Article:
With respect and advice, teen smokers start quitting
Jason Ackerman is finding out how difficult it is to quit smoking. When Jason Ackerman took his first drag off of a cigarette in seventh grade, he didn't intend for it to become a habit.
No one ever does.
But what started as an occasional cigarette with friends eventually morphed into a pack a day habit that Ackerman, now a junior at James River High School, wants to snuff out.
Quitting smoking, however, is rarely easy.
That's why Ackerman enrolled in the Not On Tobacco (NOT) program at his high school.
NOT is a 10-session program available at all county high schools that helps students quit smoking or reduce their cigarette use while also promoting better eating and exercising habits.
"It's a proven program designed for adolescents," explained Cris Sheppard, public health school nurse at Manchester High School.
Ackerman attended the NOT program twice at James River. He successfully quit for two months, he said, until a stressful situation in his life prompted him to start smoking again.
Even though he's still struggling with his addiction to cigarettes, Ackerman says he learned a lot through the NOT program, including strategies that will help him achieve success the next time he makes a clear commitment to quit.
"I think the program is extremely helpful," said Ackerman. "You find out a lot more information about cigarettes that you'd never [think] about. I think it's a great way for youth to know the truth. I know basically all the facts, and I know I need to [quit] because of my health, but I haven't found that motivation for myself yet."
NOT is offered in several Chesterfield high schools through a partnership with the American Lung Association using grant monies from the Virginia Tobacco Settlement Foundation.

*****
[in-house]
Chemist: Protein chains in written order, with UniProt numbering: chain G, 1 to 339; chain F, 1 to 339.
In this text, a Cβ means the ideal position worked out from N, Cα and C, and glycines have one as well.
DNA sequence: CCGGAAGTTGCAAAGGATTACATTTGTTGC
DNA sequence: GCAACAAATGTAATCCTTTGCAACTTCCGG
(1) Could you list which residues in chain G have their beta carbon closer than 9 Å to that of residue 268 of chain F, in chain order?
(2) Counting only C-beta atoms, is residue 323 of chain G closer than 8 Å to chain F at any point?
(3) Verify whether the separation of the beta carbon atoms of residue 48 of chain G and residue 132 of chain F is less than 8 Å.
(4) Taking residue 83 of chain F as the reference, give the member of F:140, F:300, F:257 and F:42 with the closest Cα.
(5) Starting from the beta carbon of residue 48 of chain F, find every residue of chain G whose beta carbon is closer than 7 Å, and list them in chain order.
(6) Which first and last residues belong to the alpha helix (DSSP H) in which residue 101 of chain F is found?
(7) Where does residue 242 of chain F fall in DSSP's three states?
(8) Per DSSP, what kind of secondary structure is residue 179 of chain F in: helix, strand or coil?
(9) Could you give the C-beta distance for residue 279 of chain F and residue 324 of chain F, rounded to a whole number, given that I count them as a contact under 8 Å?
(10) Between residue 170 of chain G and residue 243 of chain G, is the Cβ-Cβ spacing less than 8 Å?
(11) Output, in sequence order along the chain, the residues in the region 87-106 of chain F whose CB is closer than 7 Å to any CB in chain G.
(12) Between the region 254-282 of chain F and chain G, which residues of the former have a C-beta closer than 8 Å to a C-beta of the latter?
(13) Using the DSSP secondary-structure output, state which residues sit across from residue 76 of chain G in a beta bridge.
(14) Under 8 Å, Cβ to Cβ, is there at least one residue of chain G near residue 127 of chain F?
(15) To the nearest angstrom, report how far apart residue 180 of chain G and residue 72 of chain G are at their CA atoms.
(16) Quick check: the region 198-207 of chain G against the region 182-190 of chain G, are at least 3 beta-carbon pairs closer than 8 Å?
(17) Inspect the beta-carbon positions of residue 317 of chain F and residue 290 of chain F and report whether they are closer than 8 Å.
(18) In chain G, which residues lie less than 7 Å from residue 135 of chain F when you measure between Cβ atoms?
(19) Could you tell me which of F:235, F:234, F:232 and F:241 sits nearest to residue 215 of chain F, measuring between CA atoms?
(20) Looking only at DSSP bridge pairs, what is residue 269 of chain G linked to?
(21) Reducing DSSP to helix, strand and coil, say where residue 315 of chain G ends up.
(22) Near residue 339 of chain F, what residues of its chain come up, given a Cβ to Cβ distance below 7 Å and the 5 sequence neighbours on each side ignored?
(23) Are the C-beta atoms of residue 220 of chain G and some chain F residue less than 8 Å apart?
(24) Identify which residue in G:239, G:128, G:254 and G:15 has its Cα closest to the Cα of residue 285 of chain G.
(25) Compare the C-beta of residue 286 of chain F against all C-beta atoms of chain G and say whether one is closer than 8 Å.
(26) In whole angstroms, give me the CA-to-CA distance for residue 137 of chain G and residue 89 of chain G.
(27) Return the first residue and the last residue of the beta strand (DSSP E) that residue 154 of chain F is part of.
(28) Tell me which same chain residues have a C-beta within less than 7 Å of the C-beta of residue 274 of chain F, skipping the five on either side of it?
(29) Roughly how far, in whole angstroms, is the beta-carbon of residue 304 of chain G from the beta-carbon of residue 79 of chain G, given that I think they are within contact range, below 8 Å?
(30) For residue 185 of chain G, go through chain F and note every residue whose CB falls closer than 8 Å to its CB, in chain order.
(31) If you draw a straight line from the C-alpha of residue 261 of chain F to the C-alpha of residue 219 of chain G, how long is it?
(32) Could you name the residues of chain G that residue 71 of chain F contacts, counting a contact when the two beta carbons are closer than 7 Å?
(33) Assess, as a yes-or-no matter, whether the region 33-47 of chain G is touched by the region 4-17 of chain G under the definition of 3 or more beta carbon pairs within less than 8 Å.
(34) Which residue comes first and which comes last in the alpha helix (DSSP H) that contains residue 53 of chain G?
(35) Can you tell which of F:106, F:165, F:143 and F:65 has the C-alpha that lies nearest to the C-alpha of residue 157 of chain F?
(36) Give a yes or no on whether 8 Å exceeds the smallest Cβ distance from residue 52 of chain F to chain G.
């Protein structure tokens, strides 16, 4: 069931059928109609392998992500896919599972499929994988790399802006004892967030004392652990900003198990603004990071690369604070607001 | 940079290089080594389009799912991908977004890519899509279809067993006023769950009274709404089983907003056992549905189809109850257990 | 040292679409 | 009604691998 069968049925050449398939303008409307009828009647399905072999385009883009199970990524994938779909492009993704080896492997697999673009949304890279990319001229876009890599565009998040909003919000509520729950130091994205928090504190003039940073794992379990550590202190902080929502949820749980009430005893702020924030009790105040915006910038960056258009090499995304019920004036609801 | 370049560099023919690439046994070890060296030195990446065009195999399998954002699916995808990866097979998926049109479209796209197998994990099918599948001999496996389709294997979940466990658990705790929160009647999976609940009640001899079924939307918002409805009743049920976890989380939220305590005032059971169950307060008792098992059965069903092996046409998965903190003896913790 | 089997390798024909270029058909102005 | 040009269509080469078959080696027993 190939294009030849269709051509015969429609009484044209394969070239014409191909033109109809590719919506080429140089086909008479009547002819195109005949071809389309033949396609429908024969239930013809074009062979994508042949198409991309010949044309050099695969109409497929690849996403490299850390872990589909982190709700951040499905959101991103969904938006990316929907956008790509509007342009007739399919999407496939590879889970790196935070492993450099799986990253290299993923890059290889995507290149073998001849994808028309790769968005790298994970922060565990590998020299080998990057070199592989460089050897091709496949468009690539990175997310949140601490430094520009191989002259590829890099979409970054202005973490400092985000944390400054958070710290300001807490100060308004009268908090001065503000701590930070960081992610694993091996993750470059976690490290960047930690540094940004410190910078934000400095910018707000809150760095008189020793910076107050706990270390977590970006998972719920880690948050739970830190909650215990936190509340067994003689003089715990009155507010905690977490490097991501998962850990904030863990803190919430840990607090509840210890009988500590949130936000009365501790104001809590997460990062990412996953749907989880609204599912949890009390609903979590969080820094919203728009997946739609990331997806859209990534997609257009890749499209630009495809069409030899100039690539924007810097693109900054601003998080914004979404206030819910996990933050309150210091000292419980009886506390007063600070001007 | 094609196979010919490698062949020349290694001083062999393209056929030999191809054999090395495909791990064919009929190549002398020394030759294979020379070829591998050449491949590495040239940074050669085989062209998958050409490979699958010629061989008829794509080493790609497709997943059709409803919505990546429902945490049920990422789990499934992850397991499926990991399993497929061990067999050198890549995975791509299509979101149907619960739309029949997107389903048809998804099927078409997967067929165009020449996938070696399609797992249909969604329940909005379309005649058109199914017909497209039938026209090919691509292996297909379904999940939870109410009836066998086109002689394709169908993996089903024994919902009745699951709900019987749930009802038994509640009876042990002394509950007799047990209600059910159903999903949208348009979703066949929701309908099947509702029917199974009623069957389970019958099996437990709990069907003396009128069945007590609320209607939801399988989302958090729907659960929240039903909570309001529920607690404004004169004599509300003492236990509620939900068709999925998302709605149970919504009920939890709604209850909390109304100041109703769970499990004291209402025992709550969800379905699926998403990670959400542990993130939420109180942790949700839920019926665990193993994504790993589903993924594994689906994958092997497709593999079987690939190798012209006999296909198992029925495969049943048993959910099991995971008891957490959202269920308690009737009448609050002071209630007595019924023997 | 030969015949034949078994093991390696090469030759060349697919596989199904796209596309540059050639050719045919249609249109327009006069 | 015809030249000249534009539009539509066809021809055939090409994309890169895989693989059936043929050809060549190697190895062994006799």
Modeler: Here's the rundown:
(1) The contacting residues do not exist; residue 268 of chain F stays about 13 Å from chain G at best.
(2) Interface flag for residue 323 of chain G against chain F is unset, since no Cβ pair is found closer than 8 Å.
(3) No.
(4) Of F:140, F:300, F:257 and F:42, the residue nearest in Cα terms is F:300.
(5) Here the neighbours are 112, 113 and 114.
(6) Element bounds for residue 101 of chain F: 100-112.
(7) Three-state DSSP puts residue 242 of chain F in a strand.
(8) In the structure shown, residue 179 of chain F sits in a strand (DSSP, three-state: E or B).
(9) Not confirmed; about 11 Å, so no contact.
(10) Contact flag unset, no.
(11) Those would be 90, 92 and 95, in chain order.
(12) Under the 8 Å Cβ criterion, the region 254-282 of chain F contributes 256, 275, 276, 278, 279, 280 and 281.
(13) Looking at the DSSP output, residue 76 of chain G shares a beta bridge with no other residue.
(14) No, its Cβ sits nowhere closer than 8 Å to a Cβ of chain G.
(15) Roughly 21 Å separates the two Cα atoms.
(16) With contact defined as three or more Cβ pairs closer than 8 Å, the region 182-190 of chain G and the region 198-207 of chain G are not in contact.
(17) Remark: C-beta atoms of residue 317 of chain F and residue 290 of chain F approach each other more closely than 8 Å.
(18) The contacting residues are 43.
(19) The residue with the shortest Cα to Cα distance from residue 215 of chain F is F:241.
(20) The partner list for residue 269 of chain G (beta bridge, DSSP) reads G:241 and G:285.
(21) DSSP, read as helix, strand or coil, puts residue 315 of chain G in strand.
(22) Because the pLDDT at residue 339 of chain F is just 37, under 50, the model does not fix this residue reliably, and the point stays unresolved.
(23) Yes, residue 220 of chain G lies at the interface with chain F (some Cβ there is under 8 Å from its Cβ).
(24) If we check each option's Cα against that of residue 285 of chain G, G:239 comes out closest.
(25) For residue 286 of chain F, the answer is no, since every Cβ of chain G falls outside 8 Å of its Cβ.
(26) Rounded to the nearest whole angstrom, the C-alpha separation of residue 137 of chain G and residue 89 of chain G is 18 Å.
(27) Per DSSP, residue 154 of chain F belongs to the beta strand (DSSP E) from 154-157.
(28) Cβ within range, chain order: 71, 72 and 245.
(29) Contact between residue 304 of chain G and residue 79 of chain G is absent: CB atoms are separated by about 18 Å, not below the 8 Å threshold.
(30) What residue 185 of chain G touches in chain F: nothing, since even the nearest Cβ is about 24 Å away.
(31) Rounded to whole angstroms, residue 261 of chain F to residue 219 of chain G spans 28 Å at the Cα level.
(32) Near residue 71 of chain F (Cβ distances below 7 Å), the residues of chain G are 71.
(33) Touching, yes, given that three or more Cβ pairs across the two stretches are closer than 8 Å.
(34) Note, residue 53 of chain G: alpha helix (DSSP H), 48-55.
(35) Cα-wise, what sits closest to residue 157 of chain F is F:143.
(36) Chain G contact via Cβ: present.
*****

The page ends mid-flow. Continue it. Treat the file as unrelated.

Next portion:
Group discussions, journaling exercises, role playing and other activities motivate students to kick the smoking habit for good. The first five weeks of the program focus on helping students identify why they smoke and what triggers their desire for a cigarette. Students commit to a "quit day" during the fifth week. The remainder of the program promotes the importance of adopting good eating and exercise habits and finding healthier alternatives to lighting up.
A survey of 715 teens who completed the NOT program in high schools statewide during the 2004-05 school year found that 57 percent of respondents stopped smoking.
Eighty-five percent of teens reported that they either reduced or stopped smoking on weekdays and 80 percent reduced or stopped smoking on weekend days. Almost half of the teens surveyed said they were exercising more and eating better as a result of participating in the program.
Each fall, Manchester High School recruits students for the program in conjunction with the Great American Smokeout. Any student who smokes, regardless of the amount or frequency, can sign up for the program with the permission of their parents.
"They may have started smoking when they were 12 or 13," said Sheppard. "Some of them are half-pack [a day] smokers, some of them are pack a day, some of them are social smokers. There are some that are more addicted than others, but even if they don't have a true addiction, certainly for most of them, it has become a habit."
NOT program success rates are intimately tied to each student's personal desire to quit. "The kids need to want to do the program in order for it to be successful," explained Sheppard.
About 60 students in Chesterfield high schools have completed the program.